It was mind-boggling to see so many A-list celebrities at a documentary premiere, but there they were, converging on Los Angeles’ Pacific Design Center last night for the premiere of God Grew Tired of Us, a documentary that follows the stories of three Sudanese refugees who eventually get the chance of a lifetime: to live and work in America. For Christopher Quinn, who was virtually an unknown filmmaker before this, it must have seemed like a dream. He had backing from Brad Pitt, Catherine Keener and Dermot Mulroney as producers, and Nicole Kidman as narrator, all of whom were in attendance, along with Angelina Jolie, Edward Norton, Johnny Knoxville and Roseanne Barr. (Pictured, left, at the premiere are Jolie, Mulroney, producer Eric Gilliland, Kidman, and Pitt.)
How did Quinn get them on board? Mulroney grew up with Quinn in Alexandria, Va., and Kidman and Pitt are friends with Keener, who has a child with Mulroney. Voilà! “He ran into a brick wall, and I just kind of helped get around the obstacle,” Mulroney told PopWatch before the screening. “And then it flew forward to Sundance and won two amazing awards there: Jury Prize and the Audience Awards.”
The film is about Daniel Abul Pach, Panther Bior, and John Dau, who were young boys when civil war drove them out of their southern Sudan homeland in the late ’80s. They escaped death only to face a tumultuous 1,000-mile walk, first to Ethiopia, then to a UN refugee camp in Kenya. (Those who survived the walk became known as the Lost Boys.) There, they would convene on the “White House” to entertain themselves on the days — “black” they’d call them — when they’d run out of food and desperately wanted to pass the time. On many days, all they had to cling to were their own thoughts. “I thought God felt tired of us and wanted to finish us,” Dau remembers of the destruction and destitution in Africa.addCredit(“Angelina Jolie, Dermot Mulroney, Eric Gilliland, Nicole Kidman, and Brad Pitt: Lester Cohen/WireImage.com”)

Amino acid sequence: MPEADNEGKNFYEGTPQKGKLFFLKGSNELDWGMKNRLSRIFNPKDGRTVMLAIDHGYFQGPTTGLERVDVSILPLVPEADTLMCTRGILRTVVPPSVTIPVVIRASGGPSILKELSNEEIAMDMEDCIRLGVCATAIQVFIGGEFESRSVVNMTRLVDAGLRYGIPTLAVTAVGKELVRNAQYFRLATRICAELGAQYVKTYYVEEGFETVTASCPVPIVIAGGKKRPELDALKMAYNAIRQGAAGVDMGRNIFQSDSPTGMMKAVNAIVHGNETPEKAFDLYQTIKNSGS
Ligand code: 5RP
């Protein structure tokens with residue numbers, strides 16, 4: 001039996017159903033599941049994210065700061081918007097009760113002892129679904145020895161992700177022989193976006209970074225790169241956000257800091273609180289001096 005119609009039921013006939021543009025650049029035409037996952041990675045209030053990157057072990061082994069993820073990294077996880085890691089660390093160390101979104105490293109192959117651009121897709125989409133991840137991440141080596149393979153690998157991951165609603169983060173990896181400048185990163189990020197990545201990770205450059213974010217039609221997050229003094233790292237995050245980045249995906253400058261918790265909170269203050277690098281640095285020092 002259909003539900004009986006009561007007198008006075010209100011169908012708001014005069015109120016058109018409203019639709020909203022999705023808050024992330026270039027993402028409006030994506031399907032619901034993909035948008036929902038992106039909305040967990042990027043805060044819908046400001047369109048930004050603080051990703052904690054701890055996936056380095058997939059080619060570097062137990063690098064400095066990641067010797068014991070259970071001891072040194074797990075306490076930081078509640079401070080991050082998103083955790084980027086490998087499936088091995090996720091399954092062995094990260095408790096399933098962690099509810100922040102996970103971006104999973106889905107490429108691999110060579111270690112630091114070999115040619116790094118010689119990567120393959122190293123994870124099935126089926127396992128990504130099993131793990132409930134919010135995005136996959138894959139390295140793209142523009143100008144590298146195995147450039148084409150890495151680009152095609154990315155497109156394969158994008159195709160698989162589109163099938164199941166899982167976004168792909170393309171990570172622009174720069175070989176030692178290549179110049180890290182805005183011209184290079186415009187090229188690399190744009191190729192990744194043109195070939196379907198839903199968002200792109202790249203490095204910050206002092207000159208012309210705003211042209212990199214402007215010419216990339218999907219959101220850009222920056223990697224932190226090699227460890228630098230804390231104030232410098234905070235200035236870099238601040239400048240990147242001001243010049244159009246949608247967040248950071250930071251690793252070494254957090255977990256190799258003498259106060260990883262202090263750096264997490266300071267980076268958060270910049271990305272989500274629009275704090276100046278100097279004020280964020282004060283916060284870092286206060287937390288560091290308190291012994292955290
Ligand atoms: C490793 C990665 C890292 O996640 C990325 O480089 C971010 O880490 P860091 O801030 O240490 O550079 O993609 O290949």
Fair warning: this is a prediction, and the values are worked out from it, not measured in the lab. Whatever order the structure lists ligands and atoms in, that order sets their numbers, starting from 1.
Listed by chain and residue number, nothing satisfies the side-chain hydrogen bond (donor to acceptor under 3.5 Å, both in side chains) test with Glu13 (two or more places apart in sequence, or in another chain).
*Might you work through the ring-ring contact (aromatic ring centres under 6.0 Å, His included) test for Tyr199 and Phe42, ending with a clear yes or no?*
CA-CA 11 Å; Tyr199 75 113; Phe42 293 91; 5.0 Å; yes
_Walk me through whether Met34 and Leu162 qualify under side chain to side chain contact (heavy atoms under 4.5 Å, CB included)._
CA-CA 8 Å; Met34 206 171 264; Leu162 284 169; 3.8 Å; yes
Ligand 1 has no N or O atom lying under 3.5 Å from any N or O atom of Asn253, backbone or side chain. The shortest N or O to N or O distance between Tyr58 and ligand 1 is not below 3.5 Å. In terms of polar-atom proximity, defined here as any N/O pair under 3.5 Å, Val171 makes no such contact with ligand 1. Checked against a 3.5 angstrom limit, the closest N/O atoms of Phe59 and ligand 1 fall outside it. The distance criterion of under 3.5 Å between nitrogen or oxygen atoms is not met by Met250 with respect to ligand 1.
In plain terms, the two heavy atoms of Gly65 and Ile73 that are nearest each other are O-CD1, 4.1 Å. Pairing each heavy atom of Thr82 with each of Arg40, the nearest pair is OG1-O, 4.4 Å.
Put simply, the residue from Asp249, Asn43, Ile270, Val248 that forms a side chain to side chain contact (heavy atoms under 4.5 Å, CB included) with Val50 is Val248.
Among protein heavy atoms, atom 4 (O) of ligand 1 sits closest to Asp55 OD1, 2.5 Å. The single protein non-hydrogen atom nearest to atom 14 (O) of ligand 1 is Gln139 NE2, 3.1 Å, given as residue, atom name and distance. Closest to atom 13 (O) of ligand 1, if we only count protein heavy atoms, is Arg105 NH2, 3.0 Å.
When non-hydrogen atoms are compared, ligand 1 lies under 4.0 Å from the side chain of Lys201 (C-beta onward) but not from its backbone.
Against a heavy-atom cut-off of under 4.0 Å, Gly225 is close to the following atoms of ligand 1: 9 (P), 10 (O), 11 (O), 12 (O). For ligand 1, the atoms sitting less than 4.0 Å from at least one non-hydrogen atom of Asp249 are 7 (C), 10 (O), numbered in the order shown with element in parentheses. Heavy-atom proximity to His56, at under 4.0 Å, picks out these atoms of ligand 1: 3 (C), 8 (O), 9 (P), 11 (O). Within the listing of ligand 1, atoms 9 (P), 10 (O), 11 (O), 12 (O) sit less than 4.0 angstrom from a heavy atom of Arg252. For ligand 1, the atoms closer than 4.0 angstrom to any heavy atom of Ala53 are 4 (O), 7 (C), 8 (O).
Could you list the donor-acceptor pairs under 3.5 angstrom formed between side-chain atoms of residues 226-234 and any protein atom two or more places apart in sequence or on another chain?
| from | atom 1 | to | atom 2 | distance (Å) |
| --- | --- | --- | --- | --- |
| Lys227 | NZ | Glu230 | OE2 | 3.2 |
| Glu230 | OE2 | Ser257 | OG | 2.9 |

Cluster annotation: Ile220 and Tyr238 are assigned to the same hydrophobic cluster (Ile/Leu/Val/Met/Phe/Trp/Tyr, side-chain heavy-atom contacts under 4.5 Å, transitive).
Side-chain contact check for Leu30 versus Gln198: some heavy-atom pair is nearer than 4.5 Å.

In 2001, the United States agreed to relocate some of the Lost Boysto the United States so that they could learn how to support themselvesby working and going to school. On the way over, they contemplate theairplane food: “Is that milk? Is that meat? I cannot tell.” (Americanshave never been able to figure it out either!) As entertaining as it isto watch the trio experience a number of firsts: riding an escalator,eating a potato chip, watching how electricity works and how runningwater flows hot and cold, they face the difficulties of reconcilingtheir old life (in most cases, the people they’ve left behind) withtheir new Pepsi-glazed lives. Watching them go to the grocery store forthe first time — not touching the produce, as if they were in a museum– is both endearing and shameful, considering that we Americans takethose things for granted. “[When] you travel you see the immensesuffering over there and you come back here and see how fortunate weare,” Pitt noted before the screening. “Sometimes there’s this idea ofwell, we can help ours first. It’s this high school mentality of it’sour side versus their side. One issue doesn’t cancel out the other.”
It was touching to see all of these A-listers there, side-by-sidewith Daniel, Panther and John, sincerely trying to get the word outabout Sudan. Sincere because a) it’s a rarity to see such unifyingstar-power at a documentary premiere; and b) it’s not like Brangelina needed the PR.